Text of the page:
Peace Talks: "Rethinking the Roots of Populism" – Arthur Brooks

Peace Talks: "Rethinking the Roots of Populism" – Arthur Brooks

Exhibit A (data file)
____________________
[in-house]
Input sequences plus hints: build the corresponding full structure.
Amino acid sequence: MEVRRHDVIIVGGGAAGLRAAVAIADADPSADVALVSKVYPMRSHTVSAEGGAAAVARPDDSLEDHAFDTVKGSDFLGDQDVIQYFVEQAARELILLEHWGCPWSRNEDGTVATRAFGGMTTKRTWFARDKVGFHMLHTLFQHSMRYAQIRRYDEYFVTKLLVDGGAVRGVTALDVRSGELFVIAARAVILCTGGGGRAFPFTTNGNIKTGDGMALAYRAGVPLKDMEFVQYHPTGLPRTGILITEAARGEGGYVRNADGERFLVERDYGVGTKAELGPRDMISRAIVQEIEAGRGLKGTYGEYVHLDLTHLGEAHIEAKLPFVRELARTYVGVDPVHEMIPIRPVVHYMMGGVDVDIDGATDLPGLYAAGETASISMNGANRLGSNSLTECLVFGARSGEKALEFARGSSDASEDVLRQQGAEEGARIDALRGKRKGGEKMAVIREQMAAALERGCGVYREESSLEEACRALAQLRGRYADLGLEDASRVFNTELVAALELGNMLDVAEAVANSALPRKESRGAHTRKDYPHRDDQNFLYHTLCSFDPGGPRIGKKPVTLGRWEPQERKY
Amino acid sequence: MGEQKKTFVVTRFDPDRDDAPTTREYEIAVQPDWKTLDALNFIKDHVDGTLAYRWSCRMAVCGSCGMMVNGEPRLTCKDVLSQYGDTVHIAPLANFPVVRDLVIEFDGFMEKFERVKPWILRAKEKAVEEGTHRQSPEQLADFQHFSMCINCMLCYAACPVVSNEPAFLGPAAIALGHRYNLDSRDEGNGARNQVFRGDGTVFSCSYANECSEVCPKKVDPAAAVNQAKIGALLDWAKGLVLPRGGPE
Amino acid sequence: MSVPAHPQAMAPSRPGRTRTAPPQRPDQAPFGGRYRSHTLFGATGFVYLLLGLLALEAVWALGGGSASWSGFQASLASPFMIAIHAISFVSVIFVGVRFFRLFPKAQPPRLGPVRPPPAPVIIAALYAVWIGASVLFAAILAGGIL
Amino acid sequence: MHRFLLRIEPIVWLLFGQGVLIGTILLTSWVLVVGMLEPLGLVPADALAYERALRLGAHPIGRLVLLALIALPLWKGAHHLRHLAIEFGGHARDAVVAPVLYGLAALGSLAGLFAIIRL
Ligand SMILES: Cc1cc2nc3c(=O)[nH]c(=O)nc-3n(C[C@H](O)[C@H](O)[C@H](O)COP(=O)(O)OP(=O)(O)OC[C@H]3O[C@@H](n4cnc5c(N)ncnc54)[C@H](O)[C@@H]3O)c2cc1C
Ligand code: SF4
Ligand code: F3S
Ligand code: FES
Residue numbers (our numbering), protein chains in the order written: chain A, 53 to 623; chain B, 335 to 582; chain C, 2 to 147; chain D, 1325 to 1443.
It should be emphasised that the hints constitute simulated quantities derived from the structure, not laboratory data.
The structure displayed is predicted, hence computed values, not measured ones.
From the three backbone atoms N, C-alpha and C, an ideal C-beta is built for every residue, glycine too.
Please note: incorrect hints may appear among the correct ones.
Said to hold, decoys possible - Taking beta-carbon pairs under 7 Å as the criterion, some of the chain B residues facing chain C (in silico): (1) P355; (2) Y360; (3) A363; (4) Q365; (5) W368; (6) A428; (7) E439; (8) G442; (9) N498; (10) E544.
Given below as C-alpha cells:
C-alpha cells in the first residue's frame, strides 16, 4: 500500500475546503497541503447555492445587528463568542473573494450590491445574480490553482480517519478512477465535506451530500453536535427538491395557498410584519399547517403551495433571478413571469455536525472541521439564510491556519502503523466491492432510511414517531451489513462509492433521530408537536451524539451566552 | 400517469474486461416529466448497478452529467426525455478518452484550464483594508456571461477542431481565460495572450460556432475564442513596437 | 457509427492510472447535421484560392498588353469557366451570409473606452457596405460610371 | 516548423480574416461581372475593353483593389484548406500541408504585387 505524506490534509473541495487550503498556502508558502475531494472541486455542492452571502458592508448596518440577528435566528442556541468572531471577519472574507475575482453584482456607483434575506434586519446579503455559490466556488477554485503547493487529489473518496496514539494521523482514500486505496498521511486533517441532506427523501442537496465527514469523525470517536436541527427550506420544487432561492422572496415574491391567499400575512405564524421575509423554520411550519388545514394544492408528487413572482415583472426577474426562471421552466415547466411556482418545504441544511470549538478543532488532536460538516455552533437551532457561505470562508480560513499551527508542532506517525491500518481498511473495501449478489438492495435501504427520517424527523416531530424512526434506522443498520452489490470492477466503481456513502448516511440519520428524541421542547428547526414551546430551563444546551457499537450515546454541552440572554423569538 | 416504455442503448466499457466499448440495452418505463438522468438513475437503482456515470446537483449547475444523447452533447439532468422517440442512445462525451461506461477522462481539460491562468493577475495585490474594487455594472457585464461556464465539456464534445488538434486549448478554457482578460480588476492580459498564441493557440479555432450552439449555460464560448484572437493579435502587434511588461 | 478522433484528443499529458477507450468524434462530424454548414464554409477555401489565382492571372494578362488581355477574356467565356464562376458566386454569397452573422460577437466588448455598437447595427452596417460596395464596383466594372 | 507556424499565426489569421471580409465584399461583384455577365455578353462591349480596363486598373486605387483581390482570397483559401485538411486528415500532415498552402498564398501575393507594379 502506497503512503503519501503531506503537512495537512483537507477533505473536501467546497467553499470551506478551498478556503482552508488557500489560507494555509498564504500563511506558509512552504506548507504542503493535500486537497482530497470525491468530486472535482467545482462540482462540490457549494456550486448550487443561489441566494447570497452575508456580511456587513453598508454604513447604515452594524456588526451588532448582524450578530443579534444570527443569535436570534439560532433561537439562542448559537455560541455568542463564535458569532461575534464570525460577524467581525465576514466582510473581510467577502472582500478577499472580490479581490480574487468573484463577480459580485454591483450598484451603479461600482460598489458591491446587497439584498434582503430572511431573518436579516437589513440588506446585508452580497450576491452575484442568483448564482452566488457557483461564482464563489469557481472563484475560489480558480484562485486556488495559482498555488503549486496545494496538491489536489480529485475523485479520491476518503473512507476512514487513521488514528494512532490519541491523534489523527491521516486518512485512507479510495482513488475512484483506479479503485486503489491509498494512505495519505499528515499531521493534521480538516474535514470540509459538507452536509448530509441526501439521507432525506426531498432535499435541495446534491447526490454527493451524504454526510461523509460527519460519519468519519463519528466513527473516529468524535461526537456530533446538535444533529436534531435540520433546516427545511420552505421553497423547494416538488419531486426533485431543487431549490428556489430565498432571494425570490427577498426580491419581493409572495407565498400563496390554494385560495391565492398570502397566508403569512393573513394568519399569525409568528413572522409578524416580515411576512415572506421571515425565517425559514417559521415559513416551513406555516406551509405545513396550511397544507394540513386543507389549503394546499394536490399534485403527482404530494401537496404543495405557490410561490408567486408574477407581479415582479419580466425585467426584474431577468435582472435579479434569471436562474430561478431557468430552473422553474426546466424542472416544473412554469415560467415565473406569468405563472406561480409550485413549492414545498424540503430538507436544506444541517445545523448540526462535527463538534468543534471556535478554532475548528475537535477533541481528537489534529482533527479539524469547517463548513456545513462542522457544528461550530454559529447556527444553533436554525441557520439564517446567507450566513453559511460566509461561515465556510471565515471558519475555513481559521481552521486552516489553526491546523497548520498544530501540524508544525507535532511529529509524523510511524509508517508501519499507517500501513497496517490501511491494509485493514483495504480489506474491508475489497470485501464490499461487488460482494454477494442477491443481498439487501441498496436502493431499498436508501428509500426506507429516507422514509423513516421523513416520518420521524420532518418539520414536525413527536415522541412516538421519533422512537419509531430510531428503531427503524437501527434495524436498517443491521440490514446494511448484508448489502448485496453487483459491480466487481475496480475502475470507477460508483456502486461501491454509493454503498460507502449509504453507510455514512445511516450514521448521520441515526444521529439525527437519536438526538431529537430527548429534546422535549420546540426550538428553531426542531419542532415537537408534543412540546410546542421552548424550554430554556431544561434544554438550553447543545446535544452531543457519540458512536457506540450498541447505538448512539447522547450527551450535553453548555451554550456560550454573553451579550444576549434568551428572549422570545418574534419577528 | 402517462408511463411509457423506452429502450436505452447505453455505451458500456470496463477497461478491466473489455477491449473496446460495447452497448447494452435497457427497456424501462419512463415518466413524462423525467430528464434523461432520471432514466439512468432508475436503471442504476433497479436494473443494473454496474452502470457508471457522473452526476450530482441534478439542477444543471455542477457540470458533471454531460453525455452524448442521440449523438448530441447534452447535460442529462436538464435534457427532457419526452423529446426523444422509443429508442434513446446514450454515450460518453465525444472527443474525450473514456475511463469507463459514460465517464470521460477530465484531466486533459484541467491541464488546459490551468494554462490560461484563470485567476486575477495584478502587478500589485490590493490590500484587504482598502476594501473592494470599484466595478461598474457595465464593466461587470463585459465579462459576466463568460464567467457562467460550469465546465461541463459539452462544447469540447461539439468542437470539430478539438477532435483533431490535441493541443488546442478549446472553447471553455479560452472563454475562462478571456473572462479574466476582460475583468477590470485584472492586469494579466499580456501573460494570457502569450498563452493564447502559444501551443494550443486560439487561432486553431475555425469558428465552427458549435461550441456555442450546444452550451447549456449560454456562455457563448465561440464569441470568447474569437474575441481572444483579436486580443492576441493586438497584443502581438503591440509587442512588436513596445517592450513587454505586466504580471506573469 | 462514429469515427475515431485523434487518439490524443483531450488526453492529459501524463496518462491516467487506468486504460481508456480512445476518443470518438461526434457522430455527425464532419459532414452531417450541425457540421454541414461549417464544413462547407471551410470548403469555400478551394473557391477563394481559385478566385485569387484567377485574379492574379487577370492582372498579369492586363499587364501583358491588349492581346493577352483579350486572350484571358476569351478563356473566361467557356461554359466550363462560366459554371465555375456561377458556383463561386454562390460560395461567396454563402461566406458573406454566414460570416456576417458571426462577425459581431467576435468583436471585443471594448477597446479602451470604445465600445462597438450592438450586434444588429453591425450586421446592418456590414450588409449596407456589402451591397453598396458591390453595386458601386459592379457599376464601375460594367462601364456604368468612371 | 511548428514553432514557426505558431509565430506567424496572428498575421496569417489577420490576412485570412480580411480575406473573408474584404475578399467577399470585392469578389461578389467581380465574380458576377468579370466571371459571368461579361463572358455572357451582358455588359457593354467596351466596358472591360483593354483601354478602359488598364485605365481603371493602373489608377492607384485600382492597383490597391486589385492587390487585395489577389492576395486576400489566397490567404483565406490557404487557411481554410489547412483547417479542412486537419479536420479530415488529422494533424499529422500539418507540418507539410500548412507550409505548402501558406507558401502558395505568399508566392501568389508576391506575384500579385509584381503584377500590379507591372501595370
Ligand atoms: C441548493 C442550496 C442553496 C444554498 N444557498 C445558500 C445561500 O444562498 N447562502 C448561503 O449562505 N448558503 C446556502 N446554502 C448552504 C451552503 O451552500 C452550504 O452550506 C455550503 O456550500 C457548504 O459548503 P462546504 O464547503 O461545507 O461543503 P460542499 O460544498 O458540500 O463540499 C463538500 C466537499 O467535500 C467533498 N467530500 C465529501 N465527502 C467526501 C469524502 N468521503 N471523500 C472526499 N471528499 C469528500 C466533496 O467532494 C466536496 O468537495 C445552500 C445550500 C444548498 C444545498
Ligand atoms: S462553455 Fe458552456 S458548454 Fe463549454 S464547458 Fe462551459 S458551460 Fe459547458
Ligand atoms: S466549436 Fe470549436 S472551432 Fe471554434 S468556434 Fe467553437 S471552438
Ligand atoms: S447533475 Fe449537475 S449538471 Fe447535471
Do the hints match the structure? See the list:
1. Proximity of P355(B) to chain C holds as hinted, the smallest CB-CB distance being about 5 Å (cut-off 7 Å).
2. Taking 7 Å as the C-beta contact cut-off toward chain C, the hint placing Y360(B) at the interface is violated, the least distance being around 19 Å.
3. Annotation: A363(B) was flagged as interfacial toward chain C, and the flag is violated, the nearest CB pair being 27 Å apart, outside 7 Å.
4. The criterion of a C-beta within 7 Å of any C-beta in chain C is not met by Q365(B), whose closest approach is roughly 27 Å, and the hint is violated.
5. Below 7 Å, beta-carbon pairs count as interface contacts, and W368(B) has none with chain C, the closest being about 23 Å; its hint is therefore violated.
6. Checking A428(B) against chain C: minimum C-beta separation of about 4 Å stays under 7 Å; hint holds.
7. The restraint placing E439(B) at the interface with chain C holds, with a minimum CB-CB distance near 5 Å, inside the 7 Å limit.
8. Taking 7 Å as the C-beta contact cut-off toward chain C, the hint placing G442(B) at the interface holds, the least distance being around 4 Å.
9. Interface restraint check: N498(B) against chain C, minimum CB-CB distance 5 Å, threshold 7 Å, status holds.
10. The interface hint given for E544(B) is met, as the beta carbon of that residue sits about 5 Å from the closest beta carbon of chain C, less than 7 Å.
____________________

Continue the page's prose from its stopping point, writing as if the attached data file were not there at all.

and I'm delighted now to introduce our next piece talk speaker a Renaissance man who is a musician best-selling author a scholar the president of our partner in today's event the American Enterprise Institute and someone who reminds us frequently on the importance of compassion and he also is here today to talk to us about the roots of populism please join me in welcoming dr. Arthur Brooks thank you so very much what an honor it is to be here congratulations the u.s. IP for this wonderful event this event that has taken his place in the constellation of important traditions as we passed the baton from one administration to the next on behalf of all my colleagues at AEI were really honored to to be a co-sponsor of this event and I've been looking forward to give a peace talk I'm not a foreign policy specialist I want to talk about a different kind of peace one that we can all invest in today I want to talk to you today about political peace maybe the most elusive kind of peace around the world of all it would seem today but I'm gonna make the case to you in the next 15 minutes that political peace is possible I'm really honored to be in front of leaders like you because I want to make the case that we can in this room we can be agents of Greater political peace in our country by following a few rules that all of us in point of fact have learned along the way in our lives as leaders now I want to start by telling you about an experience that I had some years ago before I came to the American Enterprise Institute before I got the AEI I was a professor at Syracuse University where I was teaching economics and entrepreneurship and I had a pretty ordinary professorial life I was beavering away in relative obscurity teaching my classes and writing my books I'd written a lot of books which were very boring and nobody ever read them and and weirdly along the way I wrote book that became popular I didn't exactly know why it hit the news cycle in just the right way it was a book about charitable giving and I asked the question in this piece of research I mean it was a very empirical book it had a lot of numbers and figures and equations in it but it asked a question who gives more to charity conservatives or liberals okay that was just right for the news cycle and and strangely to me the book started selling hundreds of copies a day and my life changed overnight no idea I mean I was not ready for this as a professor right just working away in my office and suddenly I saw the Amazon numbers going up I said what does this mean and I found out very quickly what that meant and then I was going to be on TV a lot I was going to be on the radio a lot I week after the book came out I was on Rush Limbaugh's radio program to the great consternation of my friends in the faculty lounge I assure you it turns out they watched they listen to Rush you know who knew and I started to get correspondence by email from people I'd never met before in my life lots and lots of hundreds of thousands of emails and in those days I read all my email and my email was very easy to get because it's on the University website and I remember there was a Wednesday or Thursday afternoon I was working in my office I was working on a data set and an email popped up from a guy in Texas and here's what it said it said dear professor Brooks you are a right-wing fraud which I thought was a pretty unpromising way to start an email but I kept rate reading and the first thing that I noticed was that the email was like 5,000 words long it was gonna take me 20 minutes to read this email but gamely I'm going through it and the next thing I notice is that this guy was refuting every single point in my book chapter and verse things like the columns in table 3.1 are reversed more on stuff like that right and I was going through it was just heaping abuse on me but but every single detail in the book and and you know what thought kept going through my head as I was reading the email here was the thought he read my book so I decided to tell him that right I mean I was filled with distress and anger and humiliation and but I really wanted to tell him how thankful I was that he'd read my book so I did I wrote back to him dear soand so I could refute every point and I could rebut your with rebuttals and I could you know I can tell you what I think about you but I really want to tell you what's written on my heart which is how grateful I am because you're at every single word of that book and it took me two years to write it and I put my whole heart into it thank you send went back to work 15 minutes later his response pops back up dear professor Brooks next time you're in Dallas if you want to get dinner give me a call and I said power I understood at that moment by accident how to turn that situation around and that was a simulacrum for what leaders can do in the political space to achieve political peace we're going to talk more about that in a second but first I want to diagnose the problem we have that we've just experienced in the 2016 election in the United States or the brexit referendum or what's going on all over the world what are the roots of populism people will tell you it's anger people are angry that's wrong the reason we have so much political animus is not anger there's always been anger its contempt contempt according to social psychologists is defined as the utter conviction of the worthlessness of another person that is the perfect way for you to make a permanent enemy is contempt now there's a big body of literature on this there's a social psychologist the University of Washington his name is John Gottman some of you may have heard of him he's the world's leading expert marital reconciliation here's a laboratory in which he brings couples together and saves their marriages he's a hero if you believe as I do that marriage and family is the unit of analysis of a healthy society this guy's great he's brought together thousands of couples and saved their marriages okay now he has a trick that he can do he'll bring a couple together he says he can watch you and your spouse arguing over a contentious issue for five seconds with a sound turned off and tell you with 94% accuracy if you will be divorced within five years now you want to know it is looking at don't you you want to know the secret here it is physical expressions of contempt number one eye rolling you know I have three teenagers at home so I've seen lots of eye rolling right I mean the problem is when when equals show each other contempt it's particularly harmful it's almost like a it's almost like a physical assault when people who work together show each other contempt it destroys workplace harmony when when spouses do it when when world leaders do it when people in politics do it when people on a debate stage who want to be President of the United States do it it creates harm for those people and to those people and to their followers and that's what explains the roots of the political contempt the contentious atmosphere the toxic ecosystem that we find ourselves in is mutual expressions of constant contempt do we want to solve the problem if we do then we have to deal with contempt now solving that problem doesn't mean solving it for somebody else you know what it really starts with starts with me because I feel lots of contempt not me not right now I feel lots of contempt you know look I'm the president of the American Enterprise Institute and and for years I've been seeing policies at the federal level with which I disagree you know I mean I'll dream about some really bad policy cooked up by the federal government and and I'll wake up in the morning it open the Washington Post and what they really did is worse than my dream for me right I don't feel good about that I feel contempt the way to political reconciliation and peace is for me to cure myself of that contempt how how did we do it how does each one of us as a political leader do it now here's the typical answer that's wrong let's all come together and agree let's all come to the middle we need more centrism we need more people in the political middle we have to take politics out of our decision-making why is that wrong that's wrong because that creates an undemocratic unelected atmosphere in which unelected people bureaucrats run everything and that creates more contempt and more anger and more contention from the citizens don't believe it look at the torches and pitchforks all over Europe today it has to do with the fact that people don't feel like they are being heard don't take disagreement out of it learn to disagree better that's the right way to make this work so I go back to my original question how how do we fight contempt I asked that question to the wisest man I have ever met my friend my teacher his Holiness the Dalai Lama see when I was working on this and for those of you who don't know about my institution AEI has a has now a years long relationship with it all in Lama where he's come to AEI several times and we've gone to him at his monastery in Dharamsala in the Himalayan foothills and it's a wonderful relationship where we talk about the morality of free enterprise and big world issues and we dilate some of the big controversies of the day and I valued the relationship he's become somebody it's a friendship that I that I value so very much and when I was going through this problem of contempt that I was seeing in politics it happened to coincide with on my visits with the Dalai Lama and I asked him this your holiness what do I do when I feel contempt and he said show warm-heartedness I've thought about it and I thought what else you got because you know just on its face that sounds kind of like a fortune cookie or not really serious advice it's it sounds kind of pat but then I thought a little bit deeper you know the Dalai Lama the one who was kicked out of his homeland when he was a teenager at the face of brutal Chinese communist aggression at the end of a gun sent into exile with his people sent to live in a country in in in poverty and anonymity it to be gone and forgotten that one that Dalai Lama and the one over the course of his life who through warm-heartedness and kindness and love became the most respected religious leader in the world that Dalai Lama see warm-heartedness isn't for sissies warm-heartedness is for strong people that's why he told me that that's what I remembered he here's what he says I defeat my enemies when I make them my friends warm-heartedness makes your enemies your friends you want to know what strong people do the Dalai Lama starts every morning praying for the Chinese leaders not praying that they'll change the attitude toward Tibet praying that they will find what's right for them that's warm-heartedness okay now that's what we want that's what we can do that's what lies in the future for us we choose to grab it but I need to be a little bit more practical on the time that remains for me just in front of you here today so I want to go a little bit further and how we can do that as leaders and there is a way there is a way for us there's something for us to remember such that we can turn the the wheel of contempt toward gratitude and that is I mean toward warm-heartedness and that is to show gratitude I read a book years ago you've read it too it's the most important book that you've read with a terrible title and that you've forgotten there's a lot of blood in there it's how to win friends and influence people by Dale Carnegie it sounds like a it sounds terrible you know self-improvement it's really tacky it's downscale it's not suitable for people of our intellectual caliber right wrong read it again it's a guide to ethical living it's a guide to happiness I recommend it very strongly to you you read it in high school go back and read it again it'll change your life actually and there's one point in that book it's a beautiful moment where Dale Carnegie he his research method this in the 1920s he's going all over the United States to find the most successful people and find their secrets to success and he's in New York and he goes to see the most famous magician of the age he in those days in Broadway they have these lavish vaudeville variety acts they didn't have you know big musicals and there was this guy's name was Howard Thurston he had been performing on Broadway for the last 40 years the most absolutely just world-famous guy we've forgotten him today by Google him you know that's how you find everything and you'll find Howard the amazing Howard Thurston super famous very rich he went to see Howard Thurston and he wanted to see what does he do this so special and he and he watched the act and it was just rabbits out of hats and card tricks and the whole thing but here was the secret Howard Thurston was laughing alongside his audience Howard Thurston looked like it was his very first night he was a bully –nt he was magical in his outlook and not just in his tricks so later Dale Carnegie went to the dressing room said did mr. Thurston I'm writing a book about the most successful people in the world and you're the greatest magician of your age what's the secret to making it look like it's the first night even though you've been doing those tricks for 40 years oh it's simple simple every night before I go out on stage I say in my dressing room I am truly grateful for the people sitting in those seats because they make it possible for me to do something for a living that I love that my friends is the secret why do I bring that kind of gratitude ah because who are the people in those seats for you they're people you disagree with in a democratic capitalist society none of us wants to live in a one-party state none of us wants to vanquish people who disagree with us once and for all we don't want that in the United States and in Europe and democracies around the world we want a vital competition of ideas even though we disagree with others it you know that means we need people with whom we disagree and we should be grateful to them we should be grateful to live in countries where there's no knock in the night and there's no jackbooted thugs just because we have differing political views when when was the last time that you expressed gratitude interior gratitude for that if you do you simply cannot feel contempt for those with whom you disagree that's the beginning the gratitude toward the system that makes this possible to the people who gave their lives and gave their careers to make that possible and the people on the other side of the aisle we're gonna tell you that they think you're wrong but they're not gonna shoot you that's a wonderful thing and it's a beautiful thing for which we should be grateful for which we should be warm-hearted and that should wipe out the contempt and be the beginning of the peace now I know this is an unusual talk from the president of a think tank that does pure public policy has been even weirder talk from an economist like me right but I took the opportunity to do it today because if we think differently as leaders and we act differently and we showed these values then a better political future is possible in our countries and it starts with us thank you [Applause]